Rare South Atlantic subtropical cyclone forms; severe weather season in U.S. underway

By: Dr. Jeff Masters , 2:10 PM GMT on March 10, 2010

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A rare weather event is underway in the South Atlantic Ocean, where the basin's 7th recorded tropical or subtropical cyclone of all-time has formed. An area of disturbed weather (Invest 90Q) off the coast of Brazil, near 30S 48W, attained a well-defined surface circulation, top wind speeds of tropical depression strength (35 mph), a warm core in the bottom portion of the atmosphere, and a cold core aloft last night. If this storm had been in the North Atlantic, there is a good chance it would have been named Subtropical Depression One. However, tropical and subtropical storms are so rare in the South Atlantic that there is no official naming of depressions or storms done. The cyclone had top winds of at least 35 mph as seen on an ASCAT pass at 7:02 am EST this morning (Figure 2), and satellite estimates of the storm's intensity topped out at 40 mph (minimum subtropical storms strength) last night. This morning, the satellite estimates are showing that the system has weakened to a 35 mph tropical depression. There is some moderate wind shear interfering with development, and sea surface temperatures are about 25°C, which is about 1°C below what is typically needed to support a tropical storm. The storm is headed eastward out to sea, and is not a threat to any land areas. The models show the storm will lose its tropical characteristics and get absorbed by a frontal system by Saturday.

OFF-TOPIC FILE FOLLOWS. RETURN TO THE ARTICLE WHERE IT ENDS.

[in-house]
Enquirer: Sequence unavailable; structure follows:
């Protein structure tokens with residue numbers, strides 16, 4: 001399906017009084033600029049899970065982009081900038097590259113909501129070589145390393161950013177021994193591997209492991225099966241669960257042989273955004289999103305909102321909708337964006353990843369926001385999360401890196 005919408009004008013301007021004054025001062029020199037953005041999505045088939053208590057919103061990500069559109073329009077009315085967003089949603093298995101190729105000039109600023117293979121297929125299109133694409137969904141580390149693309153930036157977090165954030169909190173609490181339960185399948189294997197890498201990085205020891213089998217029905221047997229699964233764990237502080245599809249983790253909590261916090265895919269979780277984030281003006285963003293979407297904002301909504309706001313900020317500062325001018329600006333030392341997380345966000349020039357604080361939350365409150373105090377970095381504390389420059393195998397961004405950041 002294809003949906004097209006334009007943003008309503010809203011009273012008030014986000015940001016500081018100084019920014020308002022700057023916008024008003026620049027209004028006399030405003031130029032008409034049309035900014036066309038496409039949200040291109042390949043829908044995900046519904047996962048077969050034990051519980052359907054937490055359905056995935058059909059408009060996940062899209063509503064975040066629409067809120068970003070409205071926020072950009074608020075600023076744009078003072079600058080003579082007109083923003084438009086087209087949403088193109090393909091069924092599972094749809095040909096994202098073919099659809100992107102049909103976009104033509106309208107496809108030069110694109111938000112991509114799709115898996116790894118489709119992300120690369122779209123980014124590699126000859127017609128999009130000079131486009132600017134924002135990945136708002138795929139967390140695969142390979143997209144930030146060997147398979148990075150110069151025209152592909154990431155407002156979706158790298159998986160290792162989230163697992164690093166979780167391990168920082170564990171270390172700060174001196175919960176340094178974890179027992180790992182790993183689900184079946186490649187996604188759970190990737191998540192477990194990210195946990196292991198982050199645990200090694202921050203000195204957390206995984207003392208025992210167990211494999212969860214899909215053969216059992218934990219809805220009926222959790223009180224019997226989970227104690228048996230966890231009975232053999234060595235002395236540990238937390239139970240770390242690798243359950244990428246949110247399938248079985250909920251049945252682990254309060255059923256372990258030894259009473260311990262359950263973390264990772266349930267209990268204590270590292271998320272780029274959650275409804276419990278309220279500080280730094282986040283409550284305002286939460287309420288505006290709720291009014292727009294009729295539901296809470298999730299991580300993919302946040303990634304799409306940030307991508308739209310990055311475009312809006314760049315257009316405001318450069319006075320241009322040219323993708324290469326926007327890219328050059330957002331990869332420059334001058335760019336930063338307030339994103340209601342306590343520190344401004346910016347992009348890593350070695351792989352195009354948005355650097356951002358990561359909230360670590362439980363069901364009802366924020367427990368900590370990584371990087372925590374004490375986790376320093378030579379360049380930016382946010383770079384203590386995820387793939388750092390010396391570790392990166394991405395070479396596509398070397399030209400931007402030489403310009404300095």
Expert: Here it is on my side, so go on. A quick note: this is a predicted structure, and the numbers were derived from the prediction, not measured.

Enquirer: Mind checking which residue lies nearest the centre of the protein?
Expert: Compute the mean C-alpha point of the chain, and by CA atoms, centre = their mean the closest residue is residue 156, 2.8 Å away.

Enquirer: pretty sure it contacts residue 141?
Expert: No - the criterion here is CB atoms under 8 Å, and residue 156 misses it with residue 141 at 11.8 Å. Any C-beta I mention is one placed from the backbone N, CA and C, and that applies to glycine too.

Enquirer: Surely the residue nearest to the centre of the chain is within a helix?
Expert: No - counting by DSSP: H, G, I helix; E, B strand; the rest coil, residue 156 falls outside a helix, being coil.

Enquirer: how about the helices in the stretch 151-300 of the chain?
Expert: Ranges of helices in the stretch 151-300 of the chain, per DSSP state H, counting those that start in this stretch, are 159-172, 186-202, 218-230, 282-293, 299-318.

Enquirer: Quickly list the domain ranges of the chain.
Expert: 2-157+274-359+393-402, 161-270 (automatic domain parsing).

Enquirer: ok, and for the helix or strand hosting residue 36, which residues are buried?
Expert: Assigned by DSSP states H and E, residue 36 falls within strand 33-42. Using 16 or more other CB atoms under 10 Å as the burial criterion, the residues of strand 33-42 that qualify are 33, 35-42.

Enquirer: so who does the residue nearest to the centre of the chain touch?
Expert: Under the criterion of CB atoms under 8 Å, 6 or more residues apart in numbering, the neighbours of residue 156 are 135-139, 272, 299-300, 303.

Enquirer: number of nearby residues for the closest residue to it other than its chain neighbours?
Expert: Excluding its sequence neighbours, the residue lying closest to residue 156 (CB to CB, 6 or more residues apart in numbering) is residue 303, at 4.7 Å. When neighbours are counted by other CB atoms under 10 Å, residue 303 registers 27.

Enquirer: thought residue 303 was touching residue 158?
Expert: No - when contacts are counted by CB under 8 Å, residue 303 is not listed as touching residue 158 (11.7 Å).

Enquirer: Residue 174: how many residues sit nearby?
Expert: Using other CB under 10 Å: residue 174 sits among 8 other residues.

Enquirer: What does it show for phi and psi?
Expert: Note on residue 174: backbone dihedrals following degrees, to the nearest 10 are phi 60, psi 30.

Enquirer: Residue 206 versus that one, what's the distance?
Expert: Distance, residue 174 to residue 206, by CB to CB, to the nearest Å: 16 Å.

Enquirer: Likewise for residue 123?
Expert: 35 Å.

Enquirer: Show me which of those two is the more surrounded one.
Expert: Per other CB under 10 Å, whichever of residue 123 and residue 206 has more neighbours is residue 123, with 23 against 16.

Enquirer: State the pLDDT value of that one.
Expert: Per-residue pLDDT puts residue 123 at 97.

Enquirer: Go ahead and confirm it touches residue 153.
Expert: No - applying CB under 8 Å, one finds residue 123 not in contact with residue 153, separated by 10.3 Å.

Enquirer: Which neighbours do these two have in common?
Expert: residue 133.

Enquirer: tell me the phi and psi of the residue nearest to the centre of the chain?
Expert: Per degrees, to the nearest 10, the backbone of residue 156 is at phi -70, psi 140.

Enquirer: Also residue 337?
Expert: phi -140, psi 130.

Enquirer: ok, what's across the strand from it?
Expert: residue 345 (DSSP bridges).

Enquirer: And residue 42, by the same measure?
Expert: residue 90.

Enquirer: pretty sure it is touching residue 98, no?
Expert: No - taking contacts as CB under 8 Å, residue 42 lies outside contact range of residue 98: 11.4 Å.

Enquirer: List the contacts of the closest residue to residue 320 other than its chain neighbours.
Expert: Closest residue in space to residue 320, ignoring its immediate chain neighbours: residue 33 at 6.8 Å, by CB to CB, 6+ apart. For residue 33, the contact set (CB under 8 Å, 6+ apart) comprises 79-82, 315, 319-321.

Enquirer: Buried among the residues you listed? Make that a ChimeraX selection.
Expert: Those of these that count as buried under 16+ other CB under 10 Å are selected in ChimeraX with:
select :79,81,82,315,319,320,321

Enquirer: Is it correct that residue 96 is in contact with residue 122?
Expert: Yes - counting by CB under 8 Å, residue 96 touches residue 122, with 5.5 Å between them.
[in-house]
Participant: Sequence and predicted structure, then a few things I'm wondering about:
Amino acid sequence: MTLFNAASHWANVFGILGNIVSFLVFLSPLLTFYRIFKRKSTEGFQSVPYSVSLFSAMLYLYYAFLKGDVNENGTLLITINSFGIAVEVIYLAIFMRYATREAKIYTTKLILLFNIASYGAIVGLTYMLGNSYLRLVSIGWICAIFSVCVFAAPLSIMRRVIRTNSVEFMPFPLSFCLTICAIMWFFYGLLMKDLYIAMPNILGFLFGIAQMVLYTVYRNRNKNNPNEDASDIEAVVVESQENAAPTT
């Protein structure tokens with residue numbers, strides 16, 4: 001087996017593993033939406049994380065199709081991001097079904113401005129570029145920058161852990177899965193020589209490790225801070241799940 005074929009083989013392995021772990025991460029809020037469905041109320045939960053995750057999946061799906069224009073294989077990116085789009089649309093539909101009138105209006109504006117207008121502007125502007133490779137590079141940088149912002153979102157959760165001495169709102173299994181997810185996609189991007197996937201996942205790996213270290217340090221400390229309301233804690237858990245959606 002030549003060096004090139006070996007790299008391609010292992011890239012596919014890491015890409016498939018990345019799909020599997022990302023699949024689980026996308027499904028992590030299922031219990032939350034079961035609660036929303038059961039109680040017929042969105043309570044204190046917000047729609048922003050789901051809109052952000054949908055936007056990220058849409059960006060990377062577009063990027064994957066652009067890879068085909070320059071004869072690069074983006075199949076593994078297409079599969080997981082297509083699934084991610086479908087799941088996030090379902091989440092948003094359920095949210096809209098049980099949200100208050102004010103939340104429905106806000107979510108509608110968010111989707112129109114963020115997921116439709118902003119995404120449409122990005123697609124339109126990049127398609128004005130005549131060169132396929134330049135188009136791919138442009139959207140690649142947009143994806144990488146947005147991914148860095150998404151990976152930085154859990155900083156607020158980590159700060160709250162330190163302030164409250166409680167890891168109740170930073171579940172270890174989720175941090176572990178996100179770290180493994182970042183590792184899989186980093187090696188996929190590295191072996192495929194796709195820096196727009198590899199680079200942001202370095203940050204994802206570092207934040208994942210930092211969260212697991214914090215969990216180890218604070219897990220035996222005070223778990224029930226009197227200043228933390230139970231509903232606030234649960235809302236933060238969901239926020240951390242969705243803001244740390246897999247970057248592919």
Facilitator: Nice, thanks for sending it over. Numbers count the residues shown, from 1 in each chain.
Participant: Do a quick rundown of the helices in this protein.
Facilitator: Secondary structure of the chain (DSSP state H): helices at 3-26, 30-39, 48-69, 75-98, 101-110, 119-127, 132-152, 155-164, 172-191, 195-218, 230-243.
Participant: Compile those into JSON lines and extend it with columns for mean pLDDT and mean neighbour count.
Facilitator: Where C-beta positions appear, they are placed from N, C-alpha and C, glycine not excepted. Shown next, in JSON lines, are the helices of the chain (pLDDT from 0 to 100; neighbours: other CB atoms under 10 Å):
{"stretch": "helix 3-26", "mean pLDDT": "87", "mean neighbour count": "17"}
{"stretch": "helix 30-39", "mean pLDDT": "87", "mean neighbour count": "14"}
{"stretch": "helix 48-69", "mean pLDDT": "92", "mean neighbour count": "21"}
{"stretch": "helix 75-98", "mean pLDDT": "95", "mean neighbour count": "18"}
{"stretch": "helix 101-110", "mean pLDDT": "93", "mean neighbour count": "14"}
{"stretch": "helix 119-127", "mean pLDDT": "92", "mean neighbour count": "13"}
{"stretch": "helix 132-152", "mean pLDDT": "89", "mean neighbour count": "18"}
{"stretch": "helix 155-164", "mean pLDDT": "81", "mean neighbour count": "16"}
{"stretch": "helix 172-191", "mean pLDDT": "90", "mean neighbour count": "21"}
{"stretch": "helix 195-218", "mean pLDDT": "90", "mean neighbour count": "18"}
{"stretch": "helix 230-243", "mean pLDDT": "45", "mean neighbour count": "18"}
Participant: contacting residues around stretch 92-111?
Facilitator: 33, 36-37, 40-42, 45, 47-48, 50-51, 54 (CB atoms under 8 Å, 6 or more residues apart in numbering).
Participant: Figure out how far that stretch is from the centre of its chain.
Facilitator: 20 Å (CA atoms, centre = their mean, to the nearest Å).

Figure 1. Afternoon visible satellite image of the Brazilian Invest 90Q.


Figure 2. Satellite-measured winds from ASCAT clearly show the circulation of the cyclone in this pass from 7:02 am EST on March 10, 2010. Top winds as seen be ASCAT were 30 knots (35 mph), just below the 40 mph needed for it to be a tropical storm. Image credit: NOAA/NESDIS/ORA.